The mysterious death of Wolfgang Amadeus Mozart at the tender age of 35 has long fascinated scholars, but researchers now have a new theory.
The composer – who died in Vienna in 1791 – may have succumbed to complications from a sore throat, caused by a bacterial infection.
The University of Amsterdam team think the streptococcal infection triggered a fatal swelling of his kidneys.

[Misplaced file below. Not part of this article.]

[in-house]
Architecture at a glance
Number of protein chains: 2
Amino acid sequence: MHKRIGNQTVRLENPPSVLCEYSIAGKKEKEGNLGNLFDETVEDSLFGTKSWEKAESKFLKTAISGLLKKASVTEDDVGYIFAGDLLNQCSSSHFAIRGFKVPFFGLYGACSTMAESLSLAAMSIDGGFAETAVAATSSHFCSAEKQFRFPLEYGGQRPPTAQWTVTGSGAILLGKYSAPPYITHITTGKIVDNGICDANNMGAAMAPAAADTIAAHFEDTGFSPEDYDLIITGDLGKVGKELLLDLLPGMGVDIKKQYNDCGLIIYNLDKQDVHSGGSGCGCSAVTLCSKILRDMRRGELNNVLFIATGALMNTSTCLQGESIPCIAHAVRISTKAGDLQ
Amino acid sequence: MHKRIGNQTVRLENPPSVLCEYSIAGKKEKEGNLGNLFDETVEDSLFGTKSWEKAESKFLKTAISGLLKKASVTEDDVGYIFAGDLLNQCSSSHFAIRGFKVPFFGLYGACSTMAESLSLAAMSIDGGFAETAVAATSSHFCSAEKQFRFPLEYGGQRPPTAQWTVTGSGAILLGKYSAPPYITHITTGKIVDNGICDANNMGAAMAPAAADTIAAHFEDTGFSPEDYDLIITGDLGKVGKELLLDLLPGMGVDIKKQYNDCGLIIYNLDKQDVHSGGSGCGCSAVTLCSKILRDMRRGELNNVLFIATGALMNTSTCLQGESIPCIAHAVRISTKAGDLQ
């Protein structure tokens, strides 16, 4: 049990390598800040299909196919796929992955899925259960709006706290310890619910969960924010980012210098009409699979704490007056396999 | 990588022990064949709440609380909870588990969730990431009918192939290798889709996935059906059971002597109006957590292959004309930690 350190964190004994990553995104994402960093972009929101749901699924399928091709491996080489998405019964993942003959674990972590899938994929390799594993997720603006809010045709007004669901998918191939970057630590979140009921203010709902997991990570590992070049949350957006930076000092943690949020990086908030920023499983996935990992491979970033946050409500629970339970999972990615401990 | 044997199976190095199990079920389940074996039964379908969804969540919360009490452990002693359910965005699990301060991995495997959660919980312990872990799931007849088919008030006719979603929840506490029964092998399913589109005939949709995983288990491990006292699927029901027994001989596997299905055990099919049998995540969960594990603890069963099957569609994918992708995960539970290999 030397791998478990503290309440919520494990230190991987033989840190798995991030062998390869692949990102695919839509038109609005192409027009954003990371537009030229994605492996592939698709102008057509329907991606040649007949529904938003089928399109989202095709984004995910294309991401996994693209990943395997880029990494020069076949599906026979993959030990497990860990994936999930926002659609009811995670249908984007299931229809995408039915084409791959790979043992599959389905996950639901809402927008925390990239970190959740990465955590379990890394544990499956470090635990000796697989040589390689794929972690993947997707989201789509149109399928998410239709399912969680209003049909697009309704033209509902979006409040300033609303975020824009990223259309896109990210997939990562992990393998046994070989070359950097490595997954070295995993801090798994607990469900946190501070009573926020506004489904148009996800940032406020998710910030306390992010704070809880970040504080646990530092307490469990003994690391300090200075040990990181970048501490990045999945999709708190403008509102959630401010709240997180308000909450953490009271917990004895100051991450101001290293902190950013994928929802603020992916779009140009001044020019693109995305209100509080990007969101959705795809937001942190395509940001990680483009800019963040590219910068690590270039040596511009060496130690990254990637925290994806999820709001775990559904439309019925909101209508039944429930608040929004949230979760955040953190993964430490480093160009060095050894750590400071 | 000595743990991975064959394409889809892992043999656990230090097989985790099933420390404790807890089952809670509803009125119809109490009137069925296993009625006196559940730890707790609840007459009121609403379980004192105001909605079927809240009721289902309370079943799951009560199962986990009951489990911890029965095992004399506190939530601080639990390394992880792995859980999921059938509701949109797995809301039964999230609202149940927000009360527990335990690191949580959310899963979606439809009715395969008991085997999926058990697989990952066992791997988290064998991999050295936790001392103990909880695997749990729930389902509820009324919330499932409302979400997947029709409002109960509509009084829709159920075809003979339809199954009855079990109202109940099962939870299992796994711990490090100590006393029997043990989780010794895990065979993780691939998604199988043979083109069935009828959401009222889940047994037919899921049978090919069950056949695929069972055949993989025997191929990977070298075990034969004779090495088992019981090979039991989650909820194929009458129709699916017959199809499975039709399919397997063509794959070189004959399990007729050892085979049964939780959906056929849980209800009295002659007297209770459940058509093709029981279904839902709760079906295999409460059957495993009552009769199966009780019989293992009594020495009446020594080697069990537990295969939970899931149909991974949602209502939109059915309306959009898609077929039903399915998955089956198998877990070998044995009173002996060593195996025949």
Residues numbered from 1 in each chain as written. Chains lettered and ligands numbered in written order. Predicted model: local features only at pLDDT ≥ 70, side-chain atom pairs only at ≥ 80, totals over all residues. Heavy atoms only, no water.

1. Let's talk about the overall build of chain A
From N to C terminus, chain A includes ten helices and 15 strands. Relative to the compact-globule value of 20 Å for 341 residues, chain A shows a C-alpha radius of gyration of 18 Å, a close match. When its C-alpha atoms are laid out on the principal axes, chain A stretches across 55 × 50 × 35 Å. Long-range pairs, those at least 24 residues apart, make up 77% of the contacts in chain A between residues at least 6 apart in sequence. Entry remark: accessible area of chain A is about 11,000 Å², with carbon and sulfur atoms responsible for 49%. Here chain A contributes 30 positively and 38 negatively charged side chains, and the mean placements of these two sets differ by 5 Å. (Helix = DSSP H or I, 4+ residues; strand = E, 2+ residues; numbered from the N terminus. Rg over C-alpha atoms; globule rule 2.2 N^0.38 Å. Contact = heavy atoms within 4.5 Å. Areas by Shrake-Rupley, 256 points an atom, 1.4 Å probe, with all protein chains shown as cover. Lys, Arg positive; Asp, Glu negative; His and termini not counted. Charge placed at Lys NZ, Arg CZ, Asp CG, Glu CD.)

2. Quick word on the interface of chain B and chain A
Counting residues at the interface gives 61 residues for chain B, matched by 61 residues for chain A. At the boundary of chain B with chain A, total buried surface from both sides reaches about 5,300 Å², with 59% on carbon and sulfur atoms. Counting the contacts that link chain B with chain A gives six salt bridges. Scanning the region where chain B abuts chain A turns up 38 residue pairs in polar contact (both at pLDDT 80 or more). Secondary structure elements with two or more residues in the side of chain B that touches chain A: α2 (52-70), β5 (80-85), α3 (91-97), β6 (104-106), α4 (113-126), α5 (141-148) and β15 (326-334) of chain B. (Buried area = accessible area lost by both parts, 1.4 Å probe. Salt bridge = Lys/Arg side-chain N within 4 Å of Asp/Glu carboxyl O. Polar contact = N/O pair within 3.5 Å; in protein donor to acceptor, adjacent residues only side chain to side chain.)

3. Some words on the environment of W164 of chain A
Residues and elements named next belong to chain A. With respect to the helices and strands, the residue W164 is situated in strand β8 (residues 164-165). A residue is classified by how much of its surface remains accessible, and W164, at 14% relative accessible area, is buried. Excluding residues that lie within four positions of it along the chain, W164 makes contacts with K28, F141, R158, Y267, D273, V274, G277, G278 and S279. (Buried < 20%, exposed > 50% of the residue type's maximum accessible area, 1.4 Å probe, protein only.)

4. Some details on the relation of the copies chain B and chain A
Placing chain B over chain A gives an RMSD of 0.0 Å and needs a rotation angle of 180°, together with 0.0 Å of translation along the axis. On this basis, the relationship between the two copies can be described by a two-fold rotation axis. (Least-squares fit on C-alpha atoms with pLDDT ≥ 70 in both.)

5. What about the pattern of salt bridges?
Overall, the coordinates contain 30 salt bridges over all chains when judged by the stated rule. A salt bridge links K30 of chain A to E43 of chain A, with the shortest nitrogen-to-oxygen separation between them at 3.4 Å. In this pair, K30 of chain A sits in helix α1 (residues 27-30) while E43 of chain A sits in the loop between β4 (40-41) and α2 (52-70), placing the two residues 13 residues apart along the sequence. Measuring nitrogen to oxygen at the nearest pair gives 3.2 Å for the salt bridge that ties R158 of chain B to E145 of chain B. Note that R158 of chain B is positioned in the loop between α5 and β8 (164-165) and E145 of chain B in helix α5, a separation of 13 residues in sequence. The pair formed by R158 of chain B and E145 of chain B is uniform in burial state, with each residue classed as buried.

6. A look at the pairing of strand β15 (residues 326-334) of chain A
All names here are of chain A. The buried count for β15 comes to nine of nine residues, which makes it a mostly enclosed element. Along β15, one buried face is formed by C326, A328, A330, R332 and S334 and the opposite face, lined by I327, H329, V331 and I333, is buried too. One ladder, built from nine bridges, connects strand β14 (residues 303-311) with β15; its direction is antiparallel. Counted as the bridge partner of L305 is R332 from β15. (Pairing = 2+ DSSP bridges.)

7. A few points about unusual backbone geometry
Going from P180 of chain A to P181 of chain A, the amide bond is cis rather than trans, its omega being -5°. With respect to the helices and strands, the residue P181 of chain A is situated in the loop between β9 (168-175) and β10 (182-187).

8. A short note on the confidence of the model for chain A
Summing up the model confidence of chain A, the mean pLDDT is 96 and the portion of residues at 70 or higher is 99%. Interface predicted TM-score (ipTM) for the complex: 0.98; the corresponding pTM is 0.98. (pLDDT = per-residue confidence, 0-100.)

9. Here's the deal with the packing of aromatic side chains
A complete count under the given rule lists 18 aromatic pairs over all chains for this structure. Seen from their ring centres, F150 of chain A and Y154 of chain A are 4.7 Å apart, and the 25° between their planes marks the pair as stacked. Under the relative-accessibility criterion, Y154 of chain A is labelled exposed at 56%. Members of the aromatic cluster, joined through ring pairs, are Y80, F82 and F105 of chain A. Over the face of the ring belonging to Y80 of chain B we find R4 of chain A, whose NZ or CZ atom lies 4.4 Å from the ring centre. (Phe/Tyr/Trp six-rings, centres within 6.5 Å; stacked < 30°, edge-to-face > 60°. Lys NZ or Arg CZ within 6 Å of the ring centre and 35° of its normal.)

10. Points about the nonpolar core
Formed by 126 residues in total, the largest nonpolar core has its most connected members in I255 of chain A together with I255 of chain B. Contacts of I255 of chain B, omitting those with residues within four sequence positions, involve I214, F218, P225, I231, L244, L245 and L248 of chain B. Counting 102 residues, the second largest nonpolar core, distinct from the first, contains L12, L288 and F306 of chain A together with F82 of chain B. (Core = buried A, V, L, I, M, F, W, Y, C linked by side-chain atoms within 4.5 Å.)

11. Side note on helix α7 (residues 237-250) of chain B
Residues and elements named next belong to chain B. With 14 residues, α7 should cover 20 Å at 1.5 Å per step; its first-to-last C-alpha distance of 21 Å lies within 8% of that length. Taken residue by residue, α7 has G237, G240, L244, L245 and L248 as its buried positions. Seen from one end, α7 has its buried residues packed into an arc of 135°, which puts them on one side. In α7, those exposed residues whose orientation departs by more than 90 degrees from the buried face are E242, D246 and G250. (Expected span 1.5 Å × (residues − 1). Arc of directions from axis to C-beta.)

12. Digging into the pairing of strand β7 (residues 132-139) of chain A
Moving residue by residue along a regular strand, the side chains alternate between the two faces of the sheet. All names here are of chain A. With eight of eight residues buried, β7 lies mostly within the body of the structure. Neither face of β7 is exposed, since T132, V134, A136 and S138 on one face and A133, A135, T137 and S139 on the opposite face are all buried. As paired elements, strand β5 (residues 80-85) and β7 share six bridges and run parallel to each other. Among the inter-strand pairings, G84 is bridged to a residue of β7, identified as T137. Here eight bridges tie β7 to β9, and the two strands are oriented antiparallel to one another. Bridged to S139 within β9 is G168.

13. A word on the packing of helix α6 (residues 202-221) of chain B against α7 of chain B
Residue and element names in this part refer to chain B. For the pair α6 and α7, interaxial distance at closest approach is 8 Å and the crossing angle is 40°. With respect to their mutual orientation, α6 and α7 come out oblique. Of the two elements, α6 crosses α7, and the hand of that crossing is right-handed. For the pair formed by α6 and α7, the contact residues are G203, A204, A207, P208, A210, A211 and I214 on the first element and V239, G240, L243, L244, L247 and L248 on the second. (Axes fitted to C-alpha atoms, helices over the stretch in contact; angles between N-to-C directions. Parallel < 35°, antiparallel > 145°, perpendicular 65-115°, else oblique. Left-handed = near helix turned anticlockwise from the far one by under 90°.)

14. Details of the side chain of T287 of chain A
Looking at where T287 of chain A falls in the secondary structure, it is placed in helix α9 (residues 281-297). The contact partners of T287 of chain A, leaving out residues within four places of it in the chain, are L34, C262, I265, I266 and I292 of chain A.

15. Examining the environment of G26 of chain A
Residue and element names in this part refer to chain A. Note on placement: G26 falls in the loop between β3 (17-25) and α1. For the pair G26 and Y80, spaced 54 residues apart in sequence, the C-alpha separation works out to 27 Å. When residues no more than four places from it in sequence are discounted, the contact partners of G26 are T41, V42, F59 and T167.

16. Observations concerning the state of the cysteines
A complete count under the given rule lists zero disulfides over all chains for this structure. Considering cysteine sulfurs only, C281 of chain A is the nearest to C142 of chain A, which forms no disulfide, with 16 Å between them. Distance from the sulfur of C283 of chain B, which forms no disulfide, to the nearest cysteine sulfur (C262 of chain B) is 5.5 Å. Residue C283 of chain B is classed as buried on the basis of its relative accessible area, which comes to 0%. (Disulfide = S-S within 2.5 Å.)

Previous theories include poisoning, rheumatic fever and eating bad pork.
Some say the Austrian maestro simply overworked himself into an early grave.
The latest study is published in this week’s issue of the US medical magazine, Annals of Internal Medicine.